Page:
Anonymous said: hello! pertaining to all of your stories, do you think that when you have a chapter in the works, you could post an excerpt? even if it's a small one, I'd love to see what you in plan! the knbxkhr excerpt, i know will probably not be continued, but I love seeing a story update from you!
I could do that once in a while. I have a little bit left for that KnBxKHR crossover so I’ll post the rest here:
“Mukuro, you are scaring the other people.”
“I am not. It is hardly my fault that they dislike my pet bees. You do not see me complaining about their flea-bitten dogs or mangy cats, do you?”
In one area of the crowded airport, Tetsuya sighed and resisted the urge to pinch the bridge of his nose. He turned a flat stare on the most mischievous one of his young charges. “First of all, those pets are all in cages. And second of all, your bees are not real.”
Mukuro only smirked up at him. The eight-year-old waved a lazy hand in the air and the trail of bees buzzing behind him and sending quite a few people running away in search of security fanned out even further. A lady who had just spotted them screamed and fainted.
“Mukuro,” Tetsuya fixed the stern no-nonsense look that he had perfected from years of dealing with Kise and Aomine on the young illusionist.
Mukuro pouted in that adorable way that only children could manage (though admittedly, on Mukuro, it was becoming more wicked and less adorable with each passing day) before twitching his fingers again and making the bees disappear. Confused exclamations erupted from all around them.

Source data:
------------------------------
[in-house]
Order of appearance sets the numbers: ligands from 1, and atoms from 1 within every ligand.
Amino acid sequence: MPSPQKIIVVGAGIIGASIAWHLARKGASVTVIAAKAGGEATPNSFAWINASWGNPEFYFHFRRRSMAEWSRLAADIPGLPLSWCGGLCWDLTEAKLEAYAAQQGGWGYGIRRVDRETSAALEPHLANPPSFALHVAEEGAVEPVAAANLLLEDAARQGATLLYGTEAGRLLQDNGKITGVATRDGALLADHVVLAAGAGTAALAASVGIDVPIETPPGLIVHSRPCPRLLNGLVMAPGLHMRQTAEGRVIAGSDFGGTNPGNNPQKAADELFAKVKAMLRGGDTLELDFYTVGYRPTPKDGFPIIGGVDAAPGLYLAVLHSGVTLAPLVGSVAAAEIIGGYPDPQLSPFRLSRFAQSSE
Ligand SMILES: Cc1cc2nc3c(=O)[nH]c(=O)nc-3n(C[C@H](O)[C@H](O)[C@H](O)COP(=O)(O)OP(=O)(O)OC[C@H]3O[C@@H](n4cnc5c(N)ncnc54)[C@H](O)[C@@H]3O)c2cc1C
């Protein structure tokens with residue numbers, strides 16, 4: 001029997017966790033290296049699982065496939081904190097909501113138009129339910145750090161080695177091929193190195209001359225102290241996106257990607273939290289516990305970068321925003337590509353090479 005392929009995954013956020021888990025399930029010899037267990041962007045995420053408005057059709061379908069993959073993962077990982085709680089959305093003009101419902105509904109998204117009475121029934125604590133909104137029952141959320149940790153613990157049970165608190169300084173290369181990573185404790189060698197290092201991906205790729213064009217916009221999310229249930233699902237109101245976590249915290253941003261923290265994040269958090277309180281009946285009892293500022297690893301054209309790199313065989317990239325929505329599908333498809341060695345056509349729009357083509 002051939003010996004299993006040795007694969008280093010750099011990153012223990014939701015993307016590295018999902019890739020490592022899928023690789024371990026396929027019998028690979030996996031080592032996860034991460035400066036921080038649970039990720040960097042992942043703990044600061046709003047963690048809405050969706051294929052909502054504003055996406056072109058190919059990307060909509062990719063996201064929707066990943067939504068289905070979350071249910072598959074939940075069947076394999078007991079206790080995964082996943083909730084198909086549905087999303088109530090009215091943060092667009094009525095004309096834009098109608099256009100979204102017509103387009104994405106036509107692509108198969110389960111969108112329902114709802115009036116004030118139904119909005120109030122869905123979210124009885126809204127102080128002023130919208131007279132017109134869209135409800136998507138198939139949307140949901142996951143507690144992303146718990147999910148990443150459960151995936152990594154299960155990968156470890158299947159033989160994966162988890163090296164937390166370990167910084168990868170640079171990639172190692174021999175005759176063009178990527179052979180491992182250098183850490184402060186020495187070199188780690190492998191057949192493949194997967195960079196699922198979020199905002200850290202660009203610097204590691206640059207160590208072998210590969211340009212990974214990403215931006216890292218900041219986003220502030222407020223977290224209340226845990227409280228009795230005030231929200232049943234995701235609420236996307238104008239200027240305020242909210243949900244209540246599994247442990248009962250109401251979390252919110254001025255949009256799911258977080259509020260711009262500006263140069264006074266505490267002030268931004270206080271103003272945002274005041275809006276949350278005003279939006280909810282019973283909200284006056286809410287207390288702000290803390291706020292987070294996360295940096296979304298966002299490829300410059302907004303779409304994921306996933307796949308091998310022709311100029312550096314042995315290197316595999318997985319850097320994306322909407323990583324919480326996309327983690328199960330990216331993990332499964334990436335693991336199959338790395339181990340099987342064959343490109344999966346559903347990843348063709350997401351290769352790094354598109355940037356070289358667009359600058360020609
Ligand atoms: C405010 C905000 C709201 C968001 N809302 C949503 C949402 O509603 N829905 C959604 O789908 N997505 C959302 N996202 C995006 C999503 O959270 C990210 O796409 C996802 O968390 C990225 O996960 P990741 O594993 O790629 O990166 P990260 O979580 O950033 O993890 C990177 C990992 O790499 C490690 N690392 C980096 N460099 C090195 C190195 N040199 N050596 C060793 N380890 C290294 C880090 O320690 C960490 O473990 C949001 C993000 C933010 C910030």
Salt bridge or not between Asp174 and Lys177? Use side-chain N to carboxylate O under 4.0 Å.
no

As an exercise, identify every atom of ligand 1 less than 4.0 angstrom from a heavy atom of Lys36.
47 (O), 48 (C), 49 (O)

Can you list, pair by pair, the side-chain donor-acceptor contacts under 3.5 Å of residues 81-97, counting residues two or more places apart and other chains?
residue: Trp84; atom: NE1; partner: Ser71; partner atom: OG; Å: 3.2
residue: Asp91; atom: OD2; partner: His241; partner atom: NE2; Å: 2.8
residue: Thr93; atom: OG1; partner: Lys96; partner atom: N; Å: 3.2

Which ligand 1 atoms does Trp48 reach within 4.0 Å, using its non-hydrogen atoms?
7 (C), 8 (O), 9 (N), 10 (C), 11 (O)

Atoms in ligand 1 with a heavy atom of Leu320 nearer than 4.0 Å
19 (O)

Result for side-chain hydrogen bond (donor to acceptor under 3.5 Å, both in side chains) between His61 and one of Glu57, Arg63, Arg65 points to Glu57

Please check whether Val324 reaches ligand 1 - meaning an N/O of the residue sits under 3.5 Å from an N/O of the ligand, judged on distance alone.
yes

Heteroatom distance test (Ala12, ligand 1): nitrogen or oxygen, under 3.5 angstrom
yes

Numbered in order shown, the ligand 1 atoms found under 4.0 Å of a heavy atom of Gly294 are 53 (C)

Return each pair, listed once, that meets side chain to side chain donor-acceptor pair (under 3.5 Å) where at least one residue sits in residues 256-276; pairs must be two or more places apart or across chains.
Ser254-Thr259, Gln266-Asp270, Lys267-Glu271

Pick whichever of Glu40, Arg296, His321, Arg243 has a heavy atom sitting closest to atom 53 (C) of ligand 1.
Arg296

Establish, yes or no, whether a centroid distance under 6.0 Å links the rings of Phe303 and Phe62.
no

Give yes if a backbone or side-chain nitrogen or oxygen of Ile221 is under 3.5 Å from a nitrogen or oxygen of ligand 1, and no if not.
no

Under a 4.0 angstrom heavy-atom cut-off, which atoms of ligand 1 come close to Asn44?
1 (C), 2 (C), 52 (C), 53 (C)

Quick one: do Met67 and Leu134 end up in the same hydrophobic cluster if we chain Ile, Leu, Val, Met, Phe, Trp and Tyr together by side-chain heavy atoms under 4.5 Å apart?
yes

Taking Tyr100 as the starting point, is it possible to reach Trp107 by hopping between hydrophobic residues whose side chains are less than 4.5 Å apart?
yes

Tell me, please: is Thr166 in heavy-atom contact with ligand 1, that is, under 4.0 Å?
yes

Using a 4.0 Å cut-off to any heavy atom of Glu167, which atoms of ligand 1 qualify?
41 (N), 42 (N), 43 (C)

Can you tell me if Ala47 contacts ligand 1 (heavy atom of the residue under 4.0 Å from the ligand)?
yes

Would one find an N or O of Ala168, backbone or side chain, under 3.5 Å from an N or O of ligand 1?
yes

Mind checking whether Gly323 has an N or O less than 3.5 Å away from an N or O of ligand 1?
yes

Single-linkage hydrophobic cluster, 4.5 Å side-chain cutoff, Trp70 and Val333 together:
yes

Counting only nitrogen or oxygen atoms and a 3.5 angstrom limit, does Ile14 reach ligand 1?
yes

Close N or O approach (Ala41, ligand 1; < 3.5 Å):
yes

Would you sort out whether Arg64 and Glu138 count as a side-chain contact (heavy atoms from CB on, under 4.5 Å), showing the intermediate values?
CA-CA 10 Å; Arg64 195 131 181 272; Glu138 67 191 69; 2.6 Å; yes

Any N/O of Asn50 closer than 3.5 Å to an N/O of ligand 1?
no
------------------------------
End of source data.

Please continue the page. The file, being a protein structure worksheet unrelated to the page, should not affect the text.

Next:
“You are no fun, Tetsuya,” Mukuro announced loftily. “It wasn’t as if I was hurting them.”
Tetsuya rapped his knuckles gently against the boy’s head. Mukuro huffed and swatted his hand away just as quickly.
“Still,” Tetsuya reproached mildly. “We are in a hurry, and leaving a trail of unconscious bodies behind is not practical.”
Mukuro grinned at that, and that particular expression, rare and always astoundingly boyish, never failed to take Tetsuya by surprise, even if he never showed it.
The past year and a half had been… interesting. Tetsuya hadn’t planned on taking three kids in. His original intention had been to retrieve the girl that the distressed mother handing out missing poster after missing poster on a street corner had told him about after he had stopped to listen to her on a whim.
He had heard of the Estraneo of course, and he’d known that to track them down to get Rosetta would also most likely bring him in contact with a whole bunch of other missing kids, and he had been right. Still, he’d done the right thing, freed them all, and returned them to their families along with their respective medical documents from their time with the Estraneo.
But the three Estraneo children had had nowhere to go, and Tetsuya knew firsthand how bad an orphanage could be. Of course, he would’ve stuck around to make sure they would go to good families, but he had also known that they wouldn’t want to. After spending their entire lives thus far under adults who had cut them open and experimented on them, none of them would’ve wanted to be placed under more authority figures.
Tetsuya suspected that, bar Mukuro and his desire to learn from Tetsuya, all three had only wanted to stick with him because he had made it plenty clear from the beginning that he wouldn’t keep them with him against their will. Plus he had freed them. That had probably gone a long way to soothing their suspicions.
Taking on the responsibility of looking after two six-year-olds and a seven-year-old, especially ones who had been more or less tortured for as long as they could remember, had been tough, and that was an understatement.